31 Mar “Dance of the Orcas” Screening to Kick off ADRSA 2022
Dealing with a global pandemic for the last two years has brought many of us closer to grief more frequently than we might ever have been before. From unplanned shifts in lifestyles, to social isolation, to the loss of loved ones, many of us have been in mourning in more ways than we have realized.
It is this concept of mourning that inspired the film “Dance of the Orcas” by Iya Prof. Omiyemi Artisia Green, Professor of Theater and Africana Studies at William and Mary and the originator and project director for Sitelines BLM with Cadence Theatre Company, which focuses on increasing writing and production opportunities for underrepresented artists in historically white institutions.
“Dance of the Orcas” incorporates Afro-Cuban and other dance forms to take the viewer on a journey through grief and to the freedom and redemption that comes from letting go. The story is based on the real-life tale of a female orca named Tahlequah who pushed her deceased 400lb baby calf-a girl-with her head, through the Pacific Northwest for 17 days in 2018, aided and supported by the rest of her orca pod on a 1,000 mile “tour of grief.”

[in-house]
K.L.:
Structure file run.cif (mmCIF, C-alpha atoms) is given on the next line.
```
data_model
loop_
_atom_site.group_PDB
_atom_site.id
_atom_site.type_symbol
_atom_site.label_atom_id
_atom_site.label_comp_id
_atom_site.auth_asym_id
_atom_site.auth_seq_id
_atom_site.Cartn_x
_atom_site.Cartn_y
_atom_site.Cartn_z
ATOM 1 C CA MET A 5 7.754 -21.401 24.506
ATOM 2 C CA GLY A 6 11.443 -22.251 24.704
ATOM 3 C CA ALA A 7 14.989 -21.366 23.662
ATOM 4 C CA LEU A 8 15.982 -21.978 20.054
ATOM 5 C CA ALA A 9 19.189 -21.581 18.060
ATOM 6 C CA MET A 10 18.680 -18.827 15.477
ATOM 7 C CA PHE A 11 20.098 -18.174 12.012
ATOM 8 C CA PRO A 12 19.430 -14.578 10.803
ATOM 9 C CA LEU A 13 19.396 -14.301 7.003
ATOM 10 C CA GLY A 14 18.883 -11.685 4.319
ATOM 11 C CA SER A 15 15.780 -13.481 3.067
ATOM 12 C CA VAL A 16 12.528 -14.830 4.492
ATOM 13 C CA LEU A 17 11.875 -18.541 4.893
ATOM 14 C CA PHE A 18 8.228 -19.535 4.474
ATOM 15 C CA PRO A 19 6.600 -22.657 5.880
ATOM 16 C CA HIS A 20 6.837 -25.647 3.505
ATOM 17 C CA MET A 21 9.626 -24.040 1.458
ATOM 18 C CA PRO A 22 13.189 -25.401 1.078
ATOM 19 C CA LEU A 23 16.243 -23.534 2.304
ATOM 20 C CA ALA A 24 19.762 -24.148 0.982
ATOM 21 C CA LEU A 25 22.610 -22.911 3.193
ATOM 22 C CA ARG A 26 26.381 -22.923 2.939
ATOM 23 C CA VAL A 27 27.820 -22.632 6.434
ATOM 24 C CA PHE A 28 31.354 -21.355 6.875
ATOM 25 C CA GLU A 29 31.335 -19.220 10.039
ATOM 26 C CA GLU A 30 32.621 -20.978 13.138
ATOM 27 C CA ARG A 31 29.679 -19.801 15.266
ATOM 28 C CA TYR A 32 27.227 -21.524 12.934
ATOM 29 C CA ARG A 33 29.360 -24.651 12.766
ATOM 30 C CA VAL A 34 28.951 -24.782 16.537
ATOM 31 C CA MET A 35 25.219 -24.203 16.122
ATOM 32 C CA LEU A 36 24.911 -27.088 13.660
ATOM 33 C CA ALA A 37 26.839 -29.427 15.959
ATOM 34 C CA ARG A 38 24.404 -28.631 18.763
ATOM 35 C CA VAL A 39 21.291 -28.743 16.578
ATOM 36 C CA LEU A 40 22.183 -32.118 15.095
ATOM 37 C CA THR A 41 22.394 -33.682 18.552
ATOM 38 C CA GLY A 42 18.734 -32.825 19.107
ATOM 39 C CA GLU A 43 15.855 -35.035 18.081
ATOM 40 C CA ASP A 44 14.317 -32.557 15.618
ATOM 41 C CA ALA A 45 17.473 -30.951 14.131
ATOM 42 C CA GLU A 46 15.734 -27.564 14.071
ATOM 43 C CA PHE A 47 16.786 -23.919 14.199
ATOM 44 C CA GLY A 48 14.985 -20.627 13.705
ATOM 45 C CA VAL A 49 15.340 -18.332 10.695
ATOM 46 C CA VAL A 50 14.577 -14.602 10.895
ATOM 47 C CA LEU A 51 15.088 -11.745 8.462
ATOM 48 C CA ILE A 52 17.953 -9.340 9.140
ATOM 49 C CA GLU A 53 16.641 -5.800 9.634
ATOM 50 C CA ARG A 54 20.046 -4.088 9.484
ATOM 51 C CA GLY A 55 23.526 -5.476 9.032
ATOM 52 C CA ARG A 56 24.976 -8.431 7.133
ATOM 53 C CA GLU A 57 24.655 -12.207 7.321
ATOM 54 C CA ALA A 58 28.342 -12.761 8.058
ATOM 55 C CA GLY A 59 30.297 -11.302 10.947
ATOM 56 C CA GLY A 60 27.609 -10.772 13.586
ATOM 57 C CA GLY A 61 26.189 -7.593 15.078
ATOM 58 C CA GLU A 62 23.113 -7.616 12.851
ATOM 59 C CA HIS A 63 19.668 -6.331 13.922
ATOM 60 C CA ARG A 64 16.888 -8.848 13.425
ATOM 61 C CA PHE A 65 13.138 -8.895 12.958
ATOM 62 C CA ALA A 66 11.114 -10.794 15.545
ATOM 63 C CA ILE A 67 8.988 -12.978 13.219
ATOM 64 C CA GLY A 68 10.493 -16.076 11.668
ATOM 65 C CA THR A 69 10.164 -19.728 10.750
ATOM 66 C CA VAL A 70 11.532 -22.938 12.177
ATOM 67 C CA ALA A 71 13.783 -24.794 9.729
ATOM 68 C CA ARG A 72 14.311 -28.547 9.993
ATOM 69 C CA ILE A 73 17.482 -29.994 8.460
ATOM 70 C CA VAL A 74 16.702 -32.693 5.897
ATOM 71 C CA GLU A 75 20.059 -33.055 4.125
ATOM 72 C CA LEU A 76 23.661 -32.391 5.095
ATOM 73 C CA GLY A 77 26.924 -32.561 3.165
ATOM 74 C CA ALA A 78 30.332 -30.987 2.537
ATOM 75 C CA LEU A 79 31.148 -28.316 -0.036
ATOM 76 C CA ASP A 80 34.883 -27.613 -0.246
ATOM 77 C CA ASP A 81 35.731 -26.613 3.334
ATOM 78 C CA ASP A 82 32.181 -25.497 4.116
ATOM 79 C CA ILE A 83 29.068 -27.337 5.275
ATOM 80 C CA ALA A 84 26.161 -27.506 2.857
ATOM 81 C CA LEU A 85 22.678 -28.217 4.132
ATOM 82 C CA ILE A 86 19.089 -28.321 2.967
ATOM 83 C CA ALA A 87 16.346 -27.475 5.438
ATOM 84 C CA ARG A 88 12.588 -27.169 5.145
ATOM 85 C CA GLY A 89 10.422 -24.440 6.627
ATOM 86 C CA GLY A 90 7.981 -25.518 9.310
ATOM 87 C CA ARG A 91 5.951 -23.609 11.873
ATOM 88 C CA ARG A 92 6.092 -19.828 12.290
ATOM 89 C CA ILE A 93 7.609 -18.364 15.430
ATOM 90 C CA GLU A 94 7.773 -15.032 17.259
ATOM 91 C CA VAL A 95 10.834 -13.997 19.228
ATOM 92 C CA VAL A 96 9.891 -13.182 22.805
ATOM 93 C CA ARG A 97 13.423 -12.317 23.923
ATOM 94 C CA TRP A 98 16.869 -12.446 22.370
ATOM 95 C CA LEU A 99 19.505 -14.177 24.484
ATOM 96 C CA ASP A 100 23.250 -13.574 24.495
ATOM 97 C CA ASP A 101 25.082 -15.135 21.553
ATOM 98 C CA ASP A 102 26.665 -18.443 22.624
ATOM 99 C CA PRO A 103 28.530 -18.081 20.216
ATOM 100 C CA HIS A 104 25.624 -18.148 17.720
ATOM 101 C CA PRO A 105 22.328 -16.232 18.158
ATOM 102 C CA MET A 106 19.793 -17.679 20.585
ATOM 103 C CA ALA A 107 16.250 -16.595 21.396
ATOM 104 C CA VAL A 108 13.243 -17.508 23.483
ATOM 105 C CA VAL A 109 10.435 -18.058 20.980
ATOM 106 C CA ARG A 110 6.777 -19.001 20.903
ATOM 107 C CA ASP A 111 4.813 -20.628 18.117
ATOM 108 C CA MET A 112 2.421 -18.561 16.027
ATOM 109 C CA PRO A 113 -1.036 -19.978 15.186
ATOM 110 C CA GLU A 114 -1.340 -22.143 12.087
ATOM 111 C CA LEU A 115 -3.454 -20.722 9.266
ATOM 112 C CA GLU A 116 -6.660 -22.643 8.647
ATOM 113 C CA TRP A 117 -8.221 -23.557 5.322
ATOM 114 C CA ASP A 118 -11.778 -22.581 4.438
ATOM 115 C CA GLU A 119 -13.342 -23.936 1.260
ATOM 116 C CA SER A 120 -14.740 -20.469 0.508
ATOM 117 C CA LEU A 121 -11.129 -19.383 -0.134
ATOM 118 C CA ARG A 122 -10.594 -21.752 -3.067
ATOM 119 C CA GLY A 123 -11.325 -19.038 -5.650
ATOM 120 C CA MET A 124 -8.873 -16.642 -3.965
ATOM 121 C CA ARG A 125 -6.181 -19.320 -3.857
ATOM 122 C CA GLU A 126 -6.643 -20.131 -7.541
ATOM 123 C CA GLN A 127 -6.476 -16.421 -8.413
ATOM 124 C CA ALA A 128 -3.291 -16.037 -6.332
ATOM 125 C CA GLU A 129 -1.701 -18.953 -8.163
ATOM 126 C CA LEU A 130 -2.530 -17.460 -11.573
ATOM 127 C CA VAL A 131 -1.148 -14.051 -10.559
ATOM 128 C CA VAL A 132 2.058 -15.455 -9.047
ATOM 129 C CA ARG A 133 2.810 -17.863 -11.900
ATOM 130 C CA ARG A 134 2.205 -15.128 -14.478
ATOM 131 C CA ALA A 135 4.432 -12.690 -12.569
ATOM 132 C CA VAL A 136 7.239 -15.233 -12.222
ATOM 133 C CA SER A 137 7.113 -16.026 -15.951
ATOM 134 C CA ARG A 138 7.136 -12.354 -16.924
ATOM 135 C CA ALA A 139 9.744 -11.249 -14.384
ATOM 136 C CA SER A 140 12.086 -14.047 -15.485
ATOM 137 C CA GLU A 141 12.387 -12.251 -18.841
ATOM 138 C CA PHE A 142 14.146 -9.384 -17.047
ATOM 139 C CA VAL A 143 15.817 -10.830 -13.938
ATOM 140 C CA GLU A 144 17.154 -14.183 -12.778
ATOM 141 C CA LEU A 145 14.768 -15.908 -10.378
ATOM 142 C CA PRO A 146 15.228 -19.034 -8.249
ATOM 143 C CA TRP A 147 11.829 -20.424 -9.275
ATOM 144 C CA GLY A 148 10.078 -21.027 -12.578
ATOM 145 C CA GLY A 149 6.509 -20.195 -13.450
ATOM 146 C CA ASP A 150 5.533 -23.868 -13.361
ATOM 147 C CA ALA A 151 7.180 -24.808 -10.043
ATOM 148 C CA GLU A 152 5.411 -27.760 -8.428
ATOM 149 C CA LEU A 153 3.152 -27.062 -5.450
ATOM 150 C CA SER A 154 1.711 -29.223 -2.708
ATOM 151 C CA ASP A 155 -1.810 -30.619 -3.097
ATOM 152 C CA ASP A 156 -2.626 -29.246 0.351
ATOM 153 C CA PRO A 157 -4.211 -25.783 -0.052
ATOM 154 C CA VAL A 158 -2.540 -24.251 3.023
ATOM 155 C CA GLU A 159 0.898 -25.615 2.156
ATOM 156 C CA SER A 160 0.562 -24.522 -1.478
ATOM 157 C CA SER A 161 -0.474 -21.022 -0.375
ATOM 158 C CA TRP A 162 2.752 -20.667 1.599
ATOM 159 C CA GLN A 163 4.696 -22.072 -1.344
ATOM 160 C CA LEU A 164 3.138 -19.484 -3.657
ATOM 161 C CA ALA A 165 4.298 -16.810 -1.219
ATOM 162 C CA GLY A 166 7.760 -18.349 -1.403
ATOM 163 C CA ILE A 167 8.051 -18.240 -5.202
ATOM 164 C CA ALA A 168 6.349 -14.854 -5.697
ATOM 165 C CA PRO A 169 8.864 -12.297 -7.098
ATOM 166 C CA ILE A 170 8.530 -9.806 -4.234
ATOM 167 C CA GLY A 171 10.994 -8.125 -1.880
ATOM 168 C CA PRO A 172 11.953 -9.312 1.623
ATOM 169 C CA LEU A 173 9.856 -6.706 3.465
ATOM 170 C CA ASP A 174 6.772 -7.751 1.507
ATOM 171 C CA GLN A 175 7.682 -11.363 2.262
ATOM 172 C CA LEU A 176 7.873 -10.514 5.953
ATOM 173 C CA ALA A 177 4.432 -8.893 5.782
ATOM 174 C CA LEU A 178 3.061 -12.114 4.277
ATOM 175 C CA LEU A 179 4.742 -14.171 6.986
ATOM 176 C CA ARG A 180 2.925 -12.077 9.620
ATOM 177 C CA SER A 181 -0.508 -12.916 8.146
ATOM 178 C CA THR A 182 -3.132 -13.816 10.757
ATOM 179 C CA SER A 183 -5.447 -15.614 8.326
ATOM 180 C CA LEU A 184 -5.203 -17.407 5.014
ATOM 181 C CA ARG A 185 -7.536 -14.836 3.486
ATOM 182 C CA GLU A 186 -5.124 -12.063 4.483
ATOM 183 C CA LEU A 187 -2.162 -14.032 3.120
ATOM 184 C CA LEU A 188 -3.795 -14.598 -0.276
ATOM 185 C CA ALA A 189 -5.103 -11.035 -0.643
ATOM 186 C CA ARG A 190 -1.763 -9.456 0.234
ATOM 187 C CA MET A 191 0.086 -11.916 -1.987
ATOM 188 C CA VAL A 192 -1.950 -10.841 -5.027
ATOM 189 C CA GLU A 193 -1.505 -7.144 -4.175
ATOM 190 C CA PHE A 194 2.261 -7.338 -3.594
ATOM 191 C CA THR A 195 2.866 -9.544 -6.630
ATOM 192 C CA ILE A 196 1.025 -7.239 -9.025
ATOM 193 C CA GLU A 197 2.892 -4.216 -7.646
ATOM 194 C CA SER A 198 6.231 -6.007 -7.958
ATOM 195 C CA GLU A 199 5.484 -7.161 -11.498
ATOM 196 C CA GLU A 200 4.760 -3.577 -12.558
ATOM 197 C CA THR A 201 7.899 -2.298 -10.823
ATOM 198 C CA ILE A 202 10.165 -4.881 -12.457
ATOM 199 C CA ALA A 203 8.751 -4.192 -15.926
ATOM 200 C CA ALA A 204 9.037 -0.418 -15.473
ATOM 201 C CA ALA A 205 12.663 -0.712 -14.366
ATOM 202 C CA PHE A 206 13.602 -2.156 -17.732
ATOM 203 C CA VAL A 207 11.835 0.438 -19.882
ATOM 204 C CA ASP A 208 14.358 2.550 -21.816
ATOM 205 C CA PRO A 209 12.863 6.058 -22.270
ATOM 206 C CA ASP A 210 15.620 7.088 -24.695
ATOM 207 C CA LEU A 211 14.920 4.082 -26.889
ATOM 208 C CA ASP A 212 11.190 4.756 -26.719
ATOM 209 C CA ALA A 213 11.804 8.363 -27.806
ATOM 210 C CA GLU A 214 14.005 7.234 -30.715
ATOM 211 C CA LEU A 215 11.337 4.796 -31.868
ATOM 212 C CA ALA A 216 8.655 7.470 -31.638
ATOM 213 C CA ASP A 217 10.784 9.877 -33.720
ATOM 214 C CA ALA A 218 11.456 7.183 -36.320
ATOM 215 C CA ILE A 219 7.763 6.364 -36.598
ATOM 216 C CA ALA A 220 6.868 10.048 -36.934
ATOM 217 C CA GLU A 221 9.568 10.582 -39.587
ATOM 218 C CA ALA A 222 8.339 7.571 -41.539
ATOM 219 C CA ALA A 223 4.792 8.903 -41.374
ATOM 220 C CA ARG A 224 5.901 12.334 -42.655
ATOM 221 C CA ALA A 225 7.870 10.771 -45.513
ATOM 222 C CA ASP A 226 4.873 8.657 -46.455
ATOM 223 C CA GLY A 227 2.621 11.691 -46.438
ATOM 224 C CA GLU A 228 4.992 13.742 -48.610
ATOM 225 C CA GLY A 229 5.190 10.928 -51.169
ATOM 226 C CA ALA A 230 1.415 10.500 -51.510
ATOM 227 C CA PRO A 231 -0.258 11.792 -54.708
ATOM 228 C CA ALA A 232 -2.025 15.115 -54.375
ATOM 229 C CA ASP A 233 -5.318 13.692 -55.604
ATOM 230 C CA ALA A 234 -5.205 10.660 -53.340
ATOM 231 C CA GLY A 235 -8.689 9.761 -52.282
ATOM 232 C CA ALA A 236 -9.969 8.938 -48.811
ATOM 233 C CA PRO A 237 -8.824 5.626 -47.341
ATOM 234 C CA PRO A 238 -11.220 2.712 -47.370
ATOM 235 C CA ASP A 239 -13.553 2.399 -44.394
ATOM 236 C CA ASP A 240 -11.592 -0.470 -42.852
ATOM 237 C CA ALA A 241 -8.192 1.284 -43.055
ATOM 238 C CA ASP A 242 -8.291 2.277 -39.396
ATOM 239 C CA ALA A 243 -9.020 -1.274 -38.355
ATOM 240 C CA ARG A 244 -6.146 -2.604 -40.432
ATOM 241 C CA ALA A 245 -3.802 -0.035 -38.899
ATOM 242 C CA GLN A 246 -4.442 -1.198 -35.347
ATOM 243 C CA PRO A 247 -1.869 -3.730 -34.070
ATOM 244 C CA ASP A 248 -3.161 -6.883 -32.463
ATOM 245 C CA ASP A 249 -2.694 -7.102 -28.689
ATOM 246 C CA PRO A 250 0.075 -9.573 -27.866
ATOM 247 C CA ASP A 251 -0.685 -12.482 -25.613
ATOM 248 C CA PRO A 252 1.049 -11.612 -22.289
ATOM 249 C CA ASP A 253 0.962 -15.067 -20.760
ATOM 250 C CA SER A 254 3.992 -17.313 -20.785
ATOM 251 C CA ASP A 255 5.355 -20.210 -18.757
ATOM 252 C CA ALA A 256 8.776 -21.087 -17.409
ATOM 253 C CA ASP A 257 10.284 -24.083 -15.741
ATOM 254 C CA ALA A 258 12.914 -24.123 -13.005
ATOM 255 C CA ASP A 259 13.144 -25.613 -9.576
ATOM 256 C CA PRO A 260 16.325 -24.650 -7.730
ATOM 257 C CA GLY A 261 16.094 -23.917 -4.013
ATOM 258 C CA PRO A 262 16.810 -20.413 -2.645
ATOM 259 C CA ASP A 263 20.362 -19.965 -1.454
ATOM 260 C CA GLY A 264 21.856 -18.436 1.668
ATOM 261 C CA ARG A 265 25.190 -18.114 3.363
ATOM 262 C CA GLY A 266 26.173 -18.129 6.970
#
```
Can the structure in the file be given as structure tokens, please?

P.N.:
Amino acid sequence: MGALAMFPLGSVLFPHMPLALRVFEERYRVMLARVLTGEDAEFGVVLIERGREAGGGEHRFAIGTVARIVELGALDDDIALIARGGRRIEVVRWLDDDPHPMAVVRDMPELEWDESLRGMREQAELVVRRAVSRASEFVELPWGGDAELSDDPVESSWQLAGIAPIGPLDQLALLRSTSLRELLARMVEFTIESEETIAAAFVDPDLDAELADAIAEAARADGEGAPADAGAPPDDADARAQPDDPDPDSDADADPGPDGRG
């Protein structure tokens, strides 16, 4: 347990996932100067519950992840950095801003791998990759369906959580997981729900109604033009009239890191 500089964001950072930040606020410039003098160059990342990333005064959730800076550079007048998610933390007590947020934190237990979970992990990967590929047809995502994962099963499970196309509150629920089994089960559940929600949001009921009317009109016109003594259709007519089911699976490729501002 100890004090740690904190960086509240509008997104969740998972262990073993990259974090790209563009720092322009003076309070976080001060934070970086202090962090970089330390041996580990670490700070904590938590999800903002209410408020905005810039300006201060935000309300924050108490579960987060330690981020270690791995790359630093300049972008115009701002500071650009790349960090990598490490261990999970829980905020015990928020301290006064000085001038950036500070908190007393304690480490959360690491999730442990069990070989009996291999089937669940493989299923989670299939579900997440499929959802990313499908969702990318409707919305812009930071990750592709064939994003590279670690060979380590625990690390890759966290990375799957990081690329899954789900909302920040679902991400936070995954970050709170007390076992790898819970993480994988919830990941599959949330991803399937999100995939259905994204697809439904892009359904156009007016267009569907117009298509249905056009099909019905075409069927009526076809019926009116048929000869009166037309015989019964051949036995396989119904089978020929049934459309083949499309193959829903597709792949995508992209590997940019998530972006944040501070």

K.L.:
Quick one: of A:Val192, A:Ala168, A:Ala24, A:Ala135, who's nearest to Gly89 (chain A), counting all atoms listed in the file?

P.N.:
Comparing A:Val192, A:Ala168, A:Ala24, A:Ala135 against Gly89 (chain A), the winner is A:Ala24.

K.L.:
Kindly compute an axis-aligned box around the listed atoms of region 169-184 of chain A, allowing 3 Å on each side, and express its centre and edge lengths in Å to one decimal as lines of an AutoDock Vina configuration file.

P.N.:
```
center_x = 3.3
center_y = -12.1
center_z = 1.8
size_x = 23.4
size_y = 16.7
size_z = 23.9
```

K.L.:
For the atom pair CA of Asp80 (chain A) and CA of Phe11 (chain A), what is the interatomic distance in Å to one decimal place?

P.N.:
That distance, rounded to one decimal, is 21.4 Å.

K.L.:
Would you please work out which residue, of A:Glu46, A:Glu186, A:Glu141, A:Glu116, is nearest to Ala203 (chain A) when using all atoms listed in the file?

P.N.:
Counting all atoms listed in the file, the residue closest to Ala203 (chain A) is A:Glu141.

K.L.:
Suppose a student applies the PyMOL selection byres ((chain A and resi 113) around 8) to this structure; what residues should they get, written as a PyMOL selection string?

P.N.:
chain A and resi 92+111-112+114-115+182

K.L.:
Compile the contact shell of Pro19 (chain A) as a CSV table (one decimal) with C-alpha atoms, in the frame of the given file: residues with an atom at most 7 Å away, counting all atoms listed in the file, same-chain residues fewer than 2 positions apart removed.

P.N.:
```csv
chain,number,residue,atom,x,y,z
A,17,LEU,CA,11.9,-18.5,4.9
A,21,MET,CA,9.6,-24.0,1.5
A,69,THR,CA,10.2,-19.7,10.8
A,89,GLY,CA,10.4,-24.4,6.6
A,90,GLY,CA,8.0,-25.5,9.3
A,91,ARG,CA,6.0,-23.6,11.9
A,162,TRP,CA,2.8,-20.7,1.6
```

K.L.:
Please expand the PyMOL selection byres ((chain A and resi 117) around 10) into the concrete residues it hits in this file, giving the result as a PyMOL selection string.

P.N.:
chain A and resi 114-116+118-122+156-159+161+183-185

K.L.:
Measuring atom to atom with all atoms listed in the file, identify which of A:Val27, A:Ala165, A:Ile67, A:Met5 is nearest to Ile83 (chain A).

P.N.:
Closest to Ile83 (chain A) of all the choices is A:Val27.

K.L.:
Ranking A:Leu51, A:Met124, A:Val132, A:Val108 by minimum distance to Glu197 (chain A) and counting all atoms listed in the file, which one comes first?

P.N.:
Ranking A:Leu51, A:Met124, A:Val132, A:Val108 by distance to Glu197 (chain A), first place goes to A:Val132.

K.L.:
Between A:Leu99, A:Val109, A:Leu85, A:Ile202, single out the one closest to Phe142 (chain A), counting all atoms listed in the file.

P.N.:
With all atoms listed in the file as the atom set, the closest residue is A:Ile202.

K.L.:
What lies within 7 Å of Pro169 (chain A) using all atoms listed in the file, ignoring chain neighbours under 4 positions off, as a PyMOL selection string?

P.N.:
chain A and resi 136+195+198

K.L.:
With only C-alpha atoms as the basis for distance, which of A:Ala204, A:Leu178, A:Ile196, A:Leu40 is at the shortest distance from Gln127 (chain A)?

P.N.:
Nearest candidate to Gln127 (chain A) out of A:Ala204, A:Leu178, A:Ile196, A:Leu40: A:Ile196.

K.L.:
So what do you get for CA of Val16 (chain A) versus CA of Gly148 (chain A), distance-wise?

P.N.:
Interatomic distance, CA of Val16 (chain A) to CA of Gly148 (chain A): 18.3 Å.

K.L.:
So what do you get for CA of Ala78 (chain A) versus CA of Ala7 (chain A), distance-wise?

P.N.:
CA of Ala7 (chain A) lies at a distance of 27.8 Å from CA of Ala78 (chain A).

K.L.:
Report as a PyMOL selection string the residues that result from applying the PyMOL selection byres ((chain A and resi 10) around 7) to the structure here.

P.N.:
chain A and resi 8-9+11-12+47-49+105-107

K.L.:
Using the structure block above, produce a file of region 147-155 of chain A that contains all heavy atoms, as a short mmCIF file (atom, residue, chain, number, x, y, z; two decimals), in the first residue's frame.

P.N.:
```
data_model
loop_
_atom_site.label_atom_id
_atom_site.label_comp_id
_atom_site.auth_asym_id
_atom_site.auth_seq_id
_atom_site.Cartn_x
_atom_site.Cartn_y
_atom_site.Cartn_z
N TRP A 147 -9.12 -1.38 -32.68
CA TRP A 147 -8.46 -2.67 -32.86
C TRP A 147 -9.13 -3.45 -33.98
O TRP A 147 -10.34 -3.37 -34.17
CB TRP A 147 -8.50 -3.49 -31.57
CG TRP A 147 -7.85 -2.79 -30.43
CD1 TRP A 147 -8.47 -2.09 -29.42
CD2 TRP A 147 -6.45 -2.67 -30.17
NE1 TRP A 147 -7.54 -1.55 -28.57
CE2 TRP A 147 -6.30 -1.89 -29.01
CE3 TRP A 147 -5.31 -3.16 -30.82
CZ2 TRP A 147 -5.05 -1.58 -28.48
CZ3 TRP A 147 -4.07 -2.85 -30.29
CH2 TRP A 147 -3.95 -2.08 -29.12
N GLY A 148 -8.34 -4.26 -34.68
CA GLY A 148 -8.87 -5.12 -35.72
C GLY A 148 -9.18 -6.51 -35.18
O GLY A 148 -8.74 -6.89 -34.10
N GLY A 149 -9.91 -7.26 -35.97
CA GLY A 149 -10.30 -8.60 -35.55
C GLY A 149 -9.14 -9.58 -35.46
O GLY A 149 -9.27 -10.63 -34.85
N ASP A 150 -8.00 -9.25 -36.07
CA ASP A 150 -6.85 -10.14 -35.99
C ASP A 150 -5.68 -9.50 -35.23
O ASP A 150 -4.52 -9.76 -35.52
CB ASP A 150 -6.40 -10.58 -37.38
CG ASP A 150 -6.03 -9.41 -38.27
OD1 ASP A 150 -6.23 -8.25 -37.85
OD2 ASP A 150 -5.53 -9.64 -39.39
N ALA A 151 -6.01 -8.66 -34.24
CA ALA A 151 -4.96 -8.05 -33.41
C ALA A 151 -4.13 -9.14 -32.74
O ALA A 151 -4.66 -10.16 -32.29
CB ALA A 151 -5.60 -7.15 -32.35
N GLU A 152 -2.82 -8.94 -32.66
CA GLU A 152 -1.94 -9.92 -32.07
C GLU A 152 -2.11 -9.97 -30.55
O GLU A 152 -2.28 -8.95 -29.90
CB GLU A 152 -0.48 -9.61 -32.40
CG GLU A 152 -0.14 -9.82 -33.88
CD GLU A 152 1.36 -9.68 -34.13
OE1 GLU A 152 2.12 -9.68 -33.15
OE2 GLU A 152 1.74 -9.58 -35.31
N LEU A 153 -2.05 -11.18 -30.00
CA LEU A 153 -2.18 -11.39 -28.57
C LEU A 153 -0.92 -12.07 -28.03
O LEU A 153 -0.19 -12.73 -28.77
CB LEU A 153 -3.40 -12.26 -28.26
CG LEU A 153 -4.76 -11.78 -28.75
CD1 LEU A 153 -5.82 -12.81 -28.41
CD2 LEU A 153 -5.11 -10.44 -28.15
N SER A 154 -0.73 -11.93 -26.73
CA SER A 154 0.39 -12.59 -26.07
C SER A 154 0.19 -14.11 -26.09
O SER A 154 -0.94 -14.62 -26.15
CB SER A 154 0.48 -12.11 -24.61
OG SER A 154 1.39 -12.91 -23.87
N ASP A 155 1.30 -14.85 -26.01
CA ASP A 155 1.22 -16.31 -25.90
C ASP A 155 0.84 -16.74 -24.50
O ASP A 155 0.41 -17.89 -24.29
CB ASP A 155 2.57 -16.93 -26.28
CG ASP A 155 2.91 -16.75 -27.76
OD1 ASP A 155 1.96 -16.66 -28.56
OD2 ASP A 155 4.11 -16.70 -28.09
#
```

In Iya Omiyemi’s “choreoritual” adaptation, Tahlequah is embodied by a Black woman and is assisted by her ancestors and forces of nature on an emotional excavation and untethering. The harmonizing and renewal she experiences is worthy of the visibility of her vulnerability and is a reminder that we all need to cry the river in order to find freedom in our truth.
RSVP now to join us for this special screening, which will be followed by a Q & A with Iya Omiyemi. The event will kick off the celebration of 10 years of supporting scholarship and artistry in Africana religions at ADRSA 2022, the 10th Anniversary Conference of the ADRSA. We look forward to seeing you there!